Supply Chain Enabled

Managing uncertainty with safety stock

Published: May 20, 2023
Author: Tony McVeigh

Stock management and control is complicated by the presence of uncertainties in demand and the lead time, and most of the time, in the execution of replenishment tasks itself. The most pervasive factor influencing uncertainty in the supply chain is variability (complexity, and constraints also play a role) and its effects can propagate and magnify across the entire supply chain spectrum. On the upstream-side, uncertainty can lead to disruptions, shortfalls and delays, while downstream, the causes of demand variability generally result from inherent qualities of the business and its customer base, or from external factors.

In situations where the supply chain is disrupted (i.e., supply and demand do not match), inventory can be used as a powerful tool to mitigate uncertainty. In particular, we generally introduce Safety Stock to absorb volatility and avoid the consequences of stocking out.

Another risk-protection strategy is Pooling, which allows us to combine multiple sources of variability. This has the effect of reducing the coefficient of demand variation which ultimately leads to a reduction in the level of stock required to deliver the same service performance.

Let us now review both strategies.

  1. Safety Stock

Often, we are faced with demand that is probabilistic; so there’s a chance we won’t be able to satisfy some of our customer requirements directly from stock.

Now, safety stock is sometimes considered a “necessary liability”; however, provided overstocking is avoided, it can be easily treated as an asset and to do so, it is essential to define its ideal level. Occasionally, some managers prefer to set levels using informal decision rules and, although easy to execute, this generally results in poor performance in the long-run. Instead, we recommend undertaking a data-driven approach to stock management – to help balance customer service performance and inventory costs.

We sometimes forget that safety stock cannot fully prevent stockouts – only the majority of them. For example, in planning for a 95% service level, expect that, in approximately 5 percent of replenishment cycles, it is not possible to respond to demand with stock on-hand (Fig 1).

In the end, however, safety stock is an effective way to mitigate demand uncertainty and lead time variability but only if the replenishment levels are optimally set; one effective way to accomplish this is to first categorise your demand patterns.

  1. Demand Classification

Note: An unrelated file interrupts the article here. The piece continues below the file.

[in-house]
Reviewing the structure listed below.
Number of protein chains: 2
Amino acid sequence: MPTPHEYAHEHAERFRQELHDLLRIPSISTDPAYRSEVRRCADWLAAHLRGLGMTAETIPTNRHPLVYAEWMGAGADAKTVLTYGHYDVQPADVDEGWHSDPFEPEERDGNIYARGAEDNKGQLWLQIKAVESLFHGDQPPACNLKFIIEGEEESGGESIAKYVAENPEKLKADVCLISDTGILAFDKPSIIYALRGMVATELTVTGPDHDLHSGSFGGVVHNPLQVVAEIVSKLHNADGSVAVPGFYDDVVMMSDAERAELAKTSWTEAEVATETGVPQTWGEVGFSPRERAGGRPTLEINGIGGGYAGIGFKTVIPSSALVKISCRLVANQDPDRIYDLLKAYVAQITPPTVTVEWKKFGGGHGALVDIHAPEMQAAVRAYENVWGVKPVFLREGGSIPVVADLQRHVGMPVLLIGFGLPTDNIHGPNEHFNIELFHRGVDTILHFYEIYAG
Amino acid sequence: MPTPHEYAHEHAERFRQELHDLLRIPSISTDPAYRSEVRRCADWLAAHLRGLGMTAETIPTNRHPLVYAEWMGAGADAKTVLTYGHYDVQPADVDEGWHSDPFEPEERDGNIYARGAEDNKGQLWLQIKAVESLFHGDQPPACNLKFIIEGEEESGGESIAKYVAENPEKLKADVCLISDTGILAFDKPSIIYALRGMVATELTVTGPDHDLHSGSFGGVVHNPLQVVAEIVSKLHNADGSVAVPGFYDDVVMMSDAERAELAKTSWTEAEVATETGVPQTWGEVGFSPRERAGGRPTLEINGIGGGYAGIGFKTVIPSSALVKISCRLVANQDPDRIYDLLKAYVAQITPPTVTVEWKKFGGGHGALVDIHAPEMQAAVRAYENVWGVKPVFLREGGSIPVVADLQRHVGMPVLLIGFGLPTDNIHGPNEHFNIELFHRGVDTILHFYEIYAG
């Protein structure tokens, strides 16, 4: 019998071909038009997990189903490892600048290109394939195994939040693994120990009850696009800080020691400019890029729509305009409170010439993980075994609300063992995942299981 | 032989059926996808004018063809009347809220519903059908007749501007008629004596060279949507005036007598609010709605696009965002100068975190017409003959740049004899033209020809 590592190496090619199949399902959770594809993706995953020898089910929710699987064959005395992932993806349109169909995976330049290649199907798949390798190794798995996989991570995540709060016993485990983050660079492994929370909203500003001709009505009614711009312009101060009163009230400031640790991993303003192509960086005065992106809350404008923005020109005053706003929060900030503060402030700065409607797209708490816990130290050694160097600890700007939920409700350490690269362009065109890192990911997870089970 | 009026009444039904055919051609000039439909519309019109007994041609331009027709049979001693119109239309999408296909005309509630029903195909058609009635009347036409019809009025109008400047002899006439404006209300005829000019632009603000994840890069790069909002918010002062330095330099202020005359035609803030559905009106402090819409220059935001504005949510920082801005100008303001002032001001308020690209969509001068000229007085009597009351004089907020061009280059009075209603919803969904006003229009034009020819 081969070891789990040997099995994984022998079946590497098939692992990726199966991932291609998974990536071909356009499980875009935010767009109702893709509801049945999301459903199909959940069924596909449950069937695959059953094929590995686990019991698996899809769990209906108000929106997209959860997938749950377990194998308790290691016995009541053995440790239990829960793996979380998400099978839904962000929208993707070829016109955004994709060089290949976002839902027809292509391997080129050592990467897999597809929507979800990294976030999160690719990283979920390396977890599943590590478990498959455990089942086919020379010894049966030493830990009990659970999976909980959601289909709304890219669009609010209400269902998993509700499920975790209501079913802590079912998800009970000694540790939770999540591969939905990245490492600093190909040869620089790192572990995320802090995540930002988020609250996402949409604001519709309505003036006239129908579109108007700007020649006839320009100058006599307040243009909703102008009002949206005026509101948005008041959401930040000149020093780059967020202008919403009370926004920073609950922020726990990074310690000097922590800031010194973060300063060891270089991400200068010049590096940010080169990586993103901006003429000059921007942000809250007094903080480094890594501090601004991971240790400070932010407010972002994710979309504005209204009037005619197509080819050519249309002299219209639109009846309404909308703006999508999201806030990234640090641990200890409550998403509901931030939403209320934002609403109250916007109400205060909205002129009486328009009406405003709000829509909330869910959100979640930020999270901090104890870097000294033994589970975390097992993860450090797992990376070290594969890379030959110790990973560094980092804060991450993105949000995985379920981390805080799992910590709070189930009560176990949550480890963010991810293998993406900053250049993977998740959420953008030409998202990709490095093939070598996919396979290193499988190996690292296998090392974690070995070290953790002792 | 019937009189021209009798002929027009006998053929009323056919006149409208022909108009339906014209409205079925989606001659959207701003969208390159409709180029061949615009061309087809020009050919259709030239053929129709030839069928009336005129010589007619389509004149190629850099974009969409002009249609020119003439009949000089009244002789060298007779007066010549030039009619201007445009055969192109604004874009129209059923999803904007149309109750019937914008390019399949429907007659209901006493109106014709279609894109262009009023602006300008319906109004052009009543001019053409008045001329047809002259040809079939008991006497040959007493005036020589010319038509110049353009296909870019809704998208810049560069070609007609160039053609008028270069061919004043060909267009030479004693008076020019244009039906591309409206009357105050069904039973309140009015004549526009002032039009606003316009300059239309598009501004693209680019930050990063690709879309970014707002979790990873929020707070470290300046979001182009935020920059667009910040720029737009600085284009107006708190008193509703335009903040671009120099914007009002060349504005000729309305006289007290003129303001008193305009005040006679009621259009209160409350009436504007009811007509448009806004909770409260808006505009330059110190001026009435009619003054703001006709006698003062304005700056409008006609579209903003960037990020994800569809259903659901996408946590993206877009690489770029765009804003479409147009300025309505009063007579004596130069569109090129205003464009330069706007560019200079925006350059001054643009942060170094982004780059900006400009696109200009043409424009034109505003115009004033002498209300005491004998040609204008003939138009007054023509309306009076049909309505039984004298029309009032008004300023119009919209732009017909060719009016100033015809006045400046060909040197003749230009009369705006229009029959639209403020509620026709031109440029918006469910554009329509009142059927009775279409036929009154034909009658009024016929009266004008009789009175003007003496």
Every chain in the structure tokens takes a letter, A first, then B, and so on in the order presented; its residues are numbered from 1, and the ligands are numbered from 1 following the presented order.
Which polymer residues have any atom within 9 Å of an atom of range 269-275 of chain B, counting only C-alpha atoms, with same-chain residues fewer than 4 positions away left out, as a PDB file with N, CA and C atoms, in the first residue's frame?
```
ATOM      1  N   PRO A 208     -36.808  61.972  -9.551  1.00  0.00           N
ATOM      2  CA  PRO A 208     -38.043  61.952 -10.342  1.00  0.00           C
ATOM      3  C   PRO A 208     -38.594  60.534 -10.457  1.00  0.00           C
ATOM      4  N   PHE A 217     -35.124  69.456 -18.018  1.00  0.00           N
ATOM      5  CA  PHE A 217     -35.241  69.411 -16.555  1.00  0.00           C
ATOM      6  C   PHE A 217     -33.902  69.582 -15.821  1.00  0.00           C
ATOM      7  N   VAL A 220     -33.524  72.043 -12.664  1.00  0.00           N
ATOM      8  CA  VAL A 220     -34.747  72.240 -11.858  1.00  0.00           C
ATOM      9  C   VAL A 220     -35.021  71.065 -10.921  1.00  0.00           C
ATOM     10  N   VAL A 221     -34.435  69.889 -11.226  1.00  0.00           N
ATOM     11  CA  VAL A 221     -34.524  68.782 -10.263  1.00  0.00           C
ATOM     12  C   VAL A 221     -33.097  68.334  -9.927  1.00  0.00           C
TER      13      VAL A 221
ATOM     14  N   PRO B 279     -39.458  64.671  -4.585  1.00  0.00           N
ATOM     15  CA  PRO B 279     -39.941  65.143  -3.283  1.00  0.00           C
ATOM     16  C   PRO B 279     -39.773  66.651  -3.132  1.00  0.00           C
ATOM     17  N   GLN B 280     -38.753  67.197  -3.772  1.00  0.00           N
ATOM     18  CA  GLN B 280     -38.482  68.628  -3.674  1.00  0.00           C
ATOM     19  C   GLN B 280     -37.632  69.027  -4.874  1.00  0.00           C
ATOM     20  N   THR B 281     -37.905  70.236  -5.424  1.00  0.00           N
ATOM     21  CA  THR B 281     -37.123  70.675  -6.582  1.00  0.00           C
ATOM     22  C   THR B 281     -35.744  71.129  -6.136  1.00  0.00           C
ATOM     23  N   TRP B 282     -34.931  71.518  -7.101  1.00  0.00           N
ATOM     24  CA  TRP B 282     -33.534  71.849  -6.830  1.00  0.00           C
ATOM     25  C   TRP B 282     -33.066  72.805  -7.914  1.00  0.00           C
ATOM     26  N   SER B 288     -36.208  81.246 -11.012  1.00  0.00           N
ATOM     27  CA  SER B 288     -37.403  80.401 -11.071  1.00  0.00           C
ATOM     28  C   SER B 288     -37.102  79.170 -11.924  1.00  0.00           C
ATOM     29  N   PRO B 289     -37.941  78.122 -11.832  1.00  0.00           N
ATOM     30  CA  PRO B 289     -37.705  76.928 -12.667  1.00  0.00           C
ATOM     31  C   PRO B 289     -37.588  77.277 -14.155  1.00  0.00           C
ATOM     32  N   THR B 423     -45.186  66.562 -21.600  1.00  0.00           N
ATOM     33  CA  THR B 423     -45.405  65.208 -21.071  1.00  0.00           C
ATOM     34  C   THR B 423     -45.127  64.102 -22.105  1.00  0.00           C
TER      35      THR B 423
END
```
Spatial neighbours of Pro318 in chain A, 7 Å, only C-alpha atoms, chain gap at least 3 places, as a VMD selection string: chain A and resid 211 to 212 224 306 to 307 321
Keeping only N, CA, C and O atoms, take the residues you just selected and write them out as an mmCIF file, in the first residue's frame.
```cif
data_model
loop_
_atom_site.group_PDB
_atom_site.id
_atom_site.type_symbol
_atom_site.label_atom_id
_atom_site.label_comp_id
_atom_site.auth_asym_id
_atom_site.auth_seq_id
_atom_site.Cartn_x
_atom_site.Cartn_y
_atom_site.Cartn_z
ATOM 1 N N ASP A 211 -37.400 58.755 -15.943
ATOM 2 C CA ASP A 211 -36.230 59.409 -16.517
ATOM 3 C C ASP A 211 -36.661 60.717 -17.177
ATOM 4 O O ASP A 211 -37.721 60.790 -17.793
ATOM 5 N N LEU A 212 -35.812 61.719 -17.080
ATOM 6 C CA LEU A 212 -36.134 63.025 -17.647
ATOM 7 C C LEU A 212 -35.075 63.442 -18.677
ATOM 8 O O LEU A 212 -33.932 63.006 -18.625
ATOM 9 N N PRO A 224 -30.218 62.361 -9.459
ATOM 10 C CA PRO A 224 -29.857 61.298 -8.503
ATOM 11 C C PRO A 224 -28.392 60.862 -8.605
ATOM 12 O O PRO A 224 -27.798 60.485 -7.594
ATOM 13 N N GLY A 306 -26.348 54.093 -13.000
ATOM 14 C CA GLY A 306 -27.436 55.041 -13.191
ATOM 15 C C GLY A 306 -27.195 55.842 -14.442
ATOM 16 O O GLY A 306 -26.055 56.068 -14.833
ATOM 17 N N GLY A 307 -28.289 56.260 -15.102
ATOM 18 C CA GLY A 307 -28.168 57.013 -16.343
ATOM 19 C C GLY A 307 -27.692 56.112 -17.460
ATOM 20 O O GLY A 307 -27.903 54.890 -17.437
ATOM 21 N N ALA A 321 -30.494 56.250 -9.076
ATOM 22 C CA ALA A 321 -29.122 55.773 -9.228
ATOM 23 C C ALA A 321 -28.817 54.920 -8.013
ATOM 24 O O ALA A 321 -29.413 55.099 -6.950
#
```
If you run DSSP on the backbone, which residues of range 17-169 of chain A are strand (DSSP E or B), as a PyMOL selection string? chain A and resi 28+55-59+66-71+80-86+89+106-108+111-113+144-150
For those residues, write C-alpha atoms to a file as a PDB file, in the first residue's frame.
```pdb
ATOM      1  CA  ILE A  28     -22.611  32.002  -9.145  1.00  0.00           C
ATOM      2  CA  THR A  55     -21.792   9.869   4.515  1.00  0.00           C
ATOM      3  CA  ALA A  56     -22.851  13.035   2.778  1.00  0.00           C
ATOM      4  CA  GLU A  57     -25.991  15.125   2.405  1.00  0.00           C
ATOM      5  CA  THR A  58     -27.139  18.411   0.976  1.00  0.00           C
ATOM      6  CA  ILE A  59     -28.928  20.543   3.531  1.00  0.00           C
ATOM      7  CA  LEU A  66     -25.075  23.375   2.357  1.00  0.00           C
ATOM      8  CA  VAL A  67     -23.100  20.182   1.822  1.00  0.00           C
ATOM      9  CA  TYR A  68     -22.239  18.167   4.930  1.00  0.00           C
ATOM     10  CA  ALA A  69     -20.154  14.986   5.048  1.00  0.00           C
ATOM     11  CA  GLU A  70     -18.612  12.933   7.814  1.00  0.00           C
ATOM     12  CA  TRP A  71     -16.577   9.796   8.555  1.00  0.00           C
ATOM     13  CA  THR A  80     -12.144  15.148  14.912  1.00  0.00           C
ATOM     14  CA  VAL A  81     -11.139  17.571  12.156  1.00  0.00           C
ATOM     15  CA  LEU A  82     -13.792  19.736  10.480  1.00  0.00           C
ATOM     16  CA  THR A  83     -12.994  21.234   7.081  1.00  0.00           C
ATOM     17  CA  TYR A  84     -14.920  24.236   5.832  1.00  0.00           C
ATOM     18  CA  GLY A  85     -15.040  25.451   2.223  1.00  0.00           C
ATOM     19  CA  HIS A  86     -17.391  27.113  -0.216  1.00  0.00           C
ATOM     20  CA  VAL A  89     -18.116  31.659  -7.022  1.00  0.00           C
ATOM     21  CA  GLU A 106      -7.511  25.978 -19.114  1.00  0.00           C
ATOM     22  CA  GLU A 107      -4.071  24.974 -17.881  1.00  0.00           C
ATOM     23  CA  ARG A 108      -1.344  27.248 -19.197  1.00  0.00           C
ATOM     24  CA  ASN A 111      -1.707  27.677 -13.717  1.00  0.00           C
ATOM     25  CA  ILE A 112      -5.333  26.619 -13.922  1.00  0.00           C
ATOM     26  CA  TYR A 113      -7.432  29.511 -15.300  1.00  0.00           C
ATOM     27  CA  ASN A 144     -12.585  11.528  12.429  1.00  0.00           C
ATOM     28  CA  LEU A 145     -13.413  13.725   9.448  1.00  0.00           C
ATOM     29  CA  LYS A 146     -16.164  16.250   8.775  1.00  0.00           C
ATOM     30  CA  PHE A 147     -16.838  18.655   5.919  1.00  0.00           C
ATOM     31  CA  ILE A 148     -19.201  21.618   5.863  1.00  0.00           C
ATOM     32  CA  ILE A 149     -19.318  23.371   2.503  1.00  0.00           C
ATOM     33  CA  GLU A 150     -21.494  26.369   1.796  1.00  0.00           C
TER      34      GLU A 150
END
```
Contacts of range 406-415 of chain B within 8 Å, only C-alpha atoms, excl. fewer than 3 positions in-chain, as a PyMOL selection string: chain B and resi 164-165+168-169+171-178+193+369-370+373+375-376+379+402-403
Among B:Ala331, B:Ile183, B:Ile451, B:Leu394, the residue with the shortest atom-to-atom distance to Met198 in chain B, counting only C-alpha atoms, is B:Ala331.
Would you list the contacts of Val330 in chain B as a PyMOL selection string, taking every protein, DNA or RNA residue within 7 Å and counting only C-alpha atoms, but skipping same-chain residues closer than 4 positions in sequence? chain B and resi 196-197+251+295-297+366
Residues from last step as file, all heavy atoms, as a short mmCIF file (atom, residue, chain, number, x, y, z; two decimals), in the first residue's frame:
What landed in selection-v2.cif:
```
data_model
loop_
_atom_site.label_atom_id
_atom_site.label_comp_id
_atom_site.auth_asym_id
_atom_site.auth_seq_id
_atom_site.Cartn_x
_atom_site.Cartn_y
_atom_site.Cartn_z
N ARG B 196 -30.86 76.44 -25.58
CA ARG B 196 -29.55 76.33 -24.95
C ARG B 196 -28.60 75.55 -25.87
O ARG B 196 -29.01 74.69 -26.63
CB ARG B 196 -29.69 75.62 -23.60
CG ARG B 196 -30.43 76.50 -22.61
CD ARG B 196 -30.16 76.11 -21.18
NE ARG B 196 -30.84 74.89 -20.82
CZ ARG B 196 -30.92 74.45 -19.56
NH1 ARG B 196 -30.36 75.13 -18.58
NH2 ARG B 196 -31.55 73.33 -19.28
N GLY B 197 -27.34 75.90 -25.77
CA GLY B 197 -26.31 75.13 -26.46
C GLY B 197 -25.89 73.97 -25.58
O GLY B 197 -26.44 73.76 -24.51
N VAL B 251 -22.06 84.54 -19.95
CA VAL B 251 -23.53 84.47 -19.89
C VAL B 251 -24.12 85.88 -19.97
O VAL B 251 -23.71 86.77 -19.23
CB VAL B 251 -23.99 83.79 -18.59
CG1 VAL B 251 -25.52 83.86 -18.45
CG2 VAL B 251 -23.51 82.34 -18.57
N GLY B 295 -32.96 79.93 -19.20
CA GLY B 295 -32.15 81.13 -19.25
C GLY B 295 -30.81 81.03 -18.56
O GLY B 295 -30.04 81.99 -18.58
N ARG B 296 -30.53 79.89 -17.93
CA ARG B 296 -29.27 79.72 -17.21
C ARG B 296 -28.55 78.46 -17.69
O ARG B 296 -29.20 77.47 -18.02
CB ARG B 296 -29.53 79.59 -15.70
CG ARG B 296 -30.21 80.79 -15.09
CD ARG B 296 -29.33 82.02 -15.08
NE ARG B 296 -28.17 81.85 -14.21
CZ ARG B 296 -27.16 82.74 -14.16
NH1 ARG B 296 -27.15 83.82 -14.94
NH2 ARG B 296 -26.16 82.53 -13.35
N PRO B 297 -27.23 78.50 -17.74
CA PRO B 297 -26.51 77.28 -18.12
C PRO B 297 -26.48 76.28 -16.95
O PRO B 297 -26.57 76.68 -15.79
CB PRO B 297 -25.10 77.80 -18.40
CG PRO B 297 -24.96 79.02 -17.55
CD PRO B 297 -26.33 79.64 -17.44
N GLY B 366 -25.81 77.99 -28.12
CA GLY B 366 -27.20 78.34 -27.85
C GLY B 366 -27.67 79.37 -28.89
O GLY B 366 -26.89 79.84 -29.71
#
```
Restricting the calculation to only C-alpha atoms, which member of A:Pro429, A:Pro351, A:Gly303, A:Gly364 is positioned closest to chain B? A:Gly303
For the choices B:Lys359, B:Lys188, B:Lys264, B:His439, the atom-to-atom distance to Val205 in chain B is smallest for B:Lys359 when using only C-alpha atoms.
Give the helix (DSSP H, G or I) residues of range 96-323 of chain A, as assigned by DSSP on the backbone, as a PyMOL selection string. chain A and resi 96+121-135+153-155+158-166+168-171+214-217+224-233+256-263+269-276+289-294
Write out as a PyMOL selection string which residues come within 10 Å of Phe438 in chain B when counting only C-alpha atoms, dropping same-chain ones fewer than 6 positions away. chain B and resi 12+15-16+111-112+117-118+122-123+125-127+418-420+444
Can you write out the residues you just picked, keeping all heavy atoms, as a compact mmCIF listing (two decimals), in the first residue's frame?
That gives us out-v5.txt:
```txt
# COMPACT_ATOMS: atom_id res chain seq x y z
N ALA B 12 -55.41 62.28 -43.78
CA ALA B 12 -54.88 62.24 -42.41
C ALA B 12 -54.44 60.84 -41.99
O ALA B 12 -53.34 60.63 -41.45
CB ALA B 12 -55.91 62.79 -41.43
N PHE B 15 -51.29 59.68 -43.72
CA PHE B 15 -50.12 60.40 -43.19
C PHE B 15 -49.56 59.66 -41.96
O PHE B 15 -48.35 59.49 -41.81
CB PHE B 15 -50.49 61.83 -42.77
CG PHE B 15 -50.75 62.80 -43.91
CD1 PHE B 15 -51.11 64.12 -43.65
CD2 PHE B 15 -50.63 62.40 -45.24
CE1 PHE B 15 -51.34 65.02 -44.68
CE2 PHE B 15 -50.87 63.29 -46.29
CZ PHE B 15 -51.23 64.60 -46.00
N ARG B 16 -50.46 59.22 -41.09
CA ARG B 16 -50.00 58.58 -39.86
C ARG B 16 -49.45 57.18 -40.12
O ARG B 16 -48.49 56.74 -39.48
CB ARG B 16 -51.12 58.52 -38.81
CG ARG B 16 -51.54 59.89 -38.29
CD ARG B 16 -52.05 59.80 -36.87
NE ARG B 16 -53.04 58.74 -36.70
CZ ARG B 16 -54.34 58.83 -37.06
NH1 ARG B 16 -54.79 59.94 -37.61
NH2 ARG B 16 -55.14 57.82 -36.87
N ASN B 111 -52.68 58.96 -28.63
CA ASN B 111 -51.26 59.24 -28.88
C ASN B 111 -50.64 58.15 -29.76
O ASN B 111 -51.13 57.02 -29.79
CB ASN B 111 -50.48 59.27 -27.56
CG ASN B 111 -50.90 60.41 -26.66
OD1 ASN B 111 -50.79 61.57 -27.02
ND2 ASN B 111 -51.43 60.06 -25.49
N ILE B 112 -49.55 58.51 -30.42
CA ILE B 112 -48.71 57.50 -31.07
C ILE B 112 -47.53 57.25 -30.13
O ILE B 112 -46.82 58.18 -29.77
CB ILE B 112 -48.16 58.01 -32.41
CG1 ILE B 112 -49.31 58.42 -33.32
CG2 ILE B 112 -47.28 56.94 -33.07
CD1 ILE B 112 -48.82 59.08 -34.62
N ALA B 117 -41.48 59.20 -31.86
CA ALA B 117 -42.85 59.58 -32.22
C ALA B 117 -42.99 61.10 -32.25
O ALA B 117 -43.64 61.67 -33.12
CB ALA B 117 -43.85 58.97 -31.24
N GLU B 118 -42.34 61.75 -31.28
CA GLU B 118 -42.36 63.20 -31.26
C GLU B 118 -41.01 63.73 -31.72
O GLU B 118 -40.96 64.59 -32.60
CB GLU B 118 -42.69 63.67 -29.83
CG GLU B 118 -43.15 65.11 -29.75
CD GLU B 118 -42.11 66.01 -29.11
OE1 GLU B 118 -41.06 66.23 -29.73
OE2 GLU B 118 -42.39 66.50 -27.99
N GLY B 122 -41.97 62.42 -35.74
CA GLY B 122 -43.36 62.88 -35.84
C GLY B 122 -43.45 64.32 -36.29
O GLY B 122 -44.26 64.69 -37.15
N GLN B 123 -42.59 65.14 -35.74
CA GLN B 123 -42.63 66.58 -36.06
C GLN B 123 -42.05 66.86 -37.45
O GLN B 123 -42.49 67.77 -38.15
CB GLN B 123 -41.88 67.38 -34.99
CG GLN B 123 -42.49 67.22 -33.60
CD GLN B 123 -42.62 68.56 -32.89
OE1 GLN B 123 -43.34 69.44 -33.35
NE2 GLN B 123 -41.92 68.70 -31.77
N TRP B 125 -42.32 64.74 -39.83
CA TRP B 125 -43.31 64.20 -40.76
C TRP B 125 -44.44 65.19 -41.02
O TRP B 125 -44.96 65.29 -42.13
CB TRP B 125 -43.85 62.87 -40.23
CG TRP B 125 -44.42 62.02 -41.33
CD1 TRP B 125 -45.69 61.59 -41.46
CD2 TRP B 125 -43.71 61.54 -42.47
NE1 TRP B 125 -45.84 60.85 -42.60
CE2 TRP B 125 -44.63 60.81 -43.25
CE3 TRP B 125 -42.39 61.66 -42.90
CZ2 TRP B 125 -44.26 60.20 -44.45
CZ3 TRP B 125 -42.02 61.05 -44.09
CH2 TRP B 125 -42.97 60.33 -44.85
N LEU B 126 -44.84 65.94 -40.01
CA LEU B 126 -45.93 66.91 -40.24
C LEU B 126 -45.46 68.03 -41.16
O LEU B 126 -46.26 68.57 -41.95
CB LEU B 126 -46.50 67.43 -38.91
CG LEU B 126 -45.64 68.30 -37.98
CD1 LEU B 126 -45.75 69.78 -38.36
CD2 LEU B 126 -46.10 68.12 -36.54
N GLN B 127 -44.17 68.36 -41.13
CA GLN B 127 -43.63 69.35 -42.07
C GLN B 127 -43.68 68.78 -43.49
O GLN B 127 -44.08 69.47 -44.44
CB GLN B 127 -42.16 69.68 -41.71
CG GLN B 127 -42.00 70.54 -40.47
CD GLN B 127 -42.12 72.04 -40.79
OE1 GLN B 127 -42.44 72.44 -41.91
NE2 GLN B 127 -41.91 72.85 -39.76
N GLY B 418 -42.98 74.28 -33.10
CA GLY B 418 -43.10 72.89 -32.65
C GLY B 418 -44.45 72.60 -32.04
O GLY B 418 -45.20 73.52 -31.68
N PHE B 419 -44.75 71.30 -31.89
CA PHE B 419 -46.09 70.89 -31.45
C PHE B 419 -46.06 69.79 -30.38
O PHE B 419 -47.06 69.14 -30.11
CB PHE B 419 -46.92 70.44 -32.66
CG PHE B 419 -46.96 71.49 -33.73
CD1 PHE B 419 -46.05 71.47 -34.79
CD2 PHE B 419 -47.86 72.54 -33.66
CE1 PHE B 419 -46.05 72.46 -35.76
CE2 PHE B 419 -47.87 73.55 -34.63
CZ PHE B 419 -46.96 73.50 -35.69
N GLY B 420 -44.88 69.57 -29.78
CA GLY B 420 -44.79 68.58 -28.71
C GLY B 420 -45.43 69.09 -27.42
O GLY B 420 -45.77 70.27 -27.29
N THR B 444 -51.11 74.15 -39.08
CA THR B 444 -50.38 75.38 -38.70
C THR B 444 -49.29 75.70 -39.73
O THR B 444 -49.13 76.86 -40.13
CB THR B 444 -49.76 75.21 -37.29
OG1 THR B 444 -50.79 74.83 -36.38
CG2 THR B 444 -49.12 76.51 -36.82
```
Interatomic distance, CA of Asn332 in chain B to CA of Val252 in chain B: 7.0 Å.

basically helps us assess the level of randomness in demand quantity and timing. In most cases, ordering decisions are made at the item or SKU level and it is now widely accepted that each SKU has its own underlying demand behaviour which can significantly influence both inventory and service. The principle is simple; highly-variable items can be treated in a different way to those that are less variable in volume and time, and this permits us to match a SKU to a particular planning model.

Consequently, this can drive stock levels down significantly and in the process, reduce your working capital and associated expenses including storage, handling, and holding costs. Of course, in the process, service performance can be protected and many cases, improved!

  • Risk Pooling

is another powerful way to mitigate demand uncertainty.

This concept states that, under certain conditions, the aggregation of demand streams diminish variability and in effect, reduce the quantity of safety stock required to service demand. Essentially, this works because the sum of random variables has a lower level of uncertainty than that of the individual random variables. In fact, in merging all demand streams, much of the aggregated variability will average-out to give a skinnier distribution of lead time demand and if properly applied, can lead to less risk, lower safety stock levels and ultimately, reduced holding costs.

Interestingly, demand streams don’t need to be separated in the true geographic sense. Pooling benefits can be derived at the departmental level and in fact, even within the same facility.

Take for instance, replenishment of consumable items in a hospital building. Hospitals are also plagued by uncertainties, and they struggle with demand variability from the patient side and supply uncertainty from the sourcing side and so, risk pooling methods can be applied in the healthcare context to reduce working capital and deliver patient care.

In comparison to manufacturing and fulfilment firms, hospitals often neglect the beneficial effects of risk pooling as each department replenishes stock independently; stock that is common to say, multiple wards within the same hospital building. By exploiting the variability-reducing effect of pooling, demand uncertainty can be suppressed (Fig 2) and inventory spend can be improved while providing the necessary hospital-wide patient service.

Of course, the application of risk pooling requires other factors to be taken into account; for example, as stock moves further away from demand, the resulting physical separation between inventory and customer may require consideration.

I trust you can appreciate how supply chain uncertainties can be relieved by using the proper replenishment model and by exploiting demand aggregation and in the end, reduce working capital.

If you wish to explore risk protection strategies further, contact us to discuss your specific supply chain requirements.


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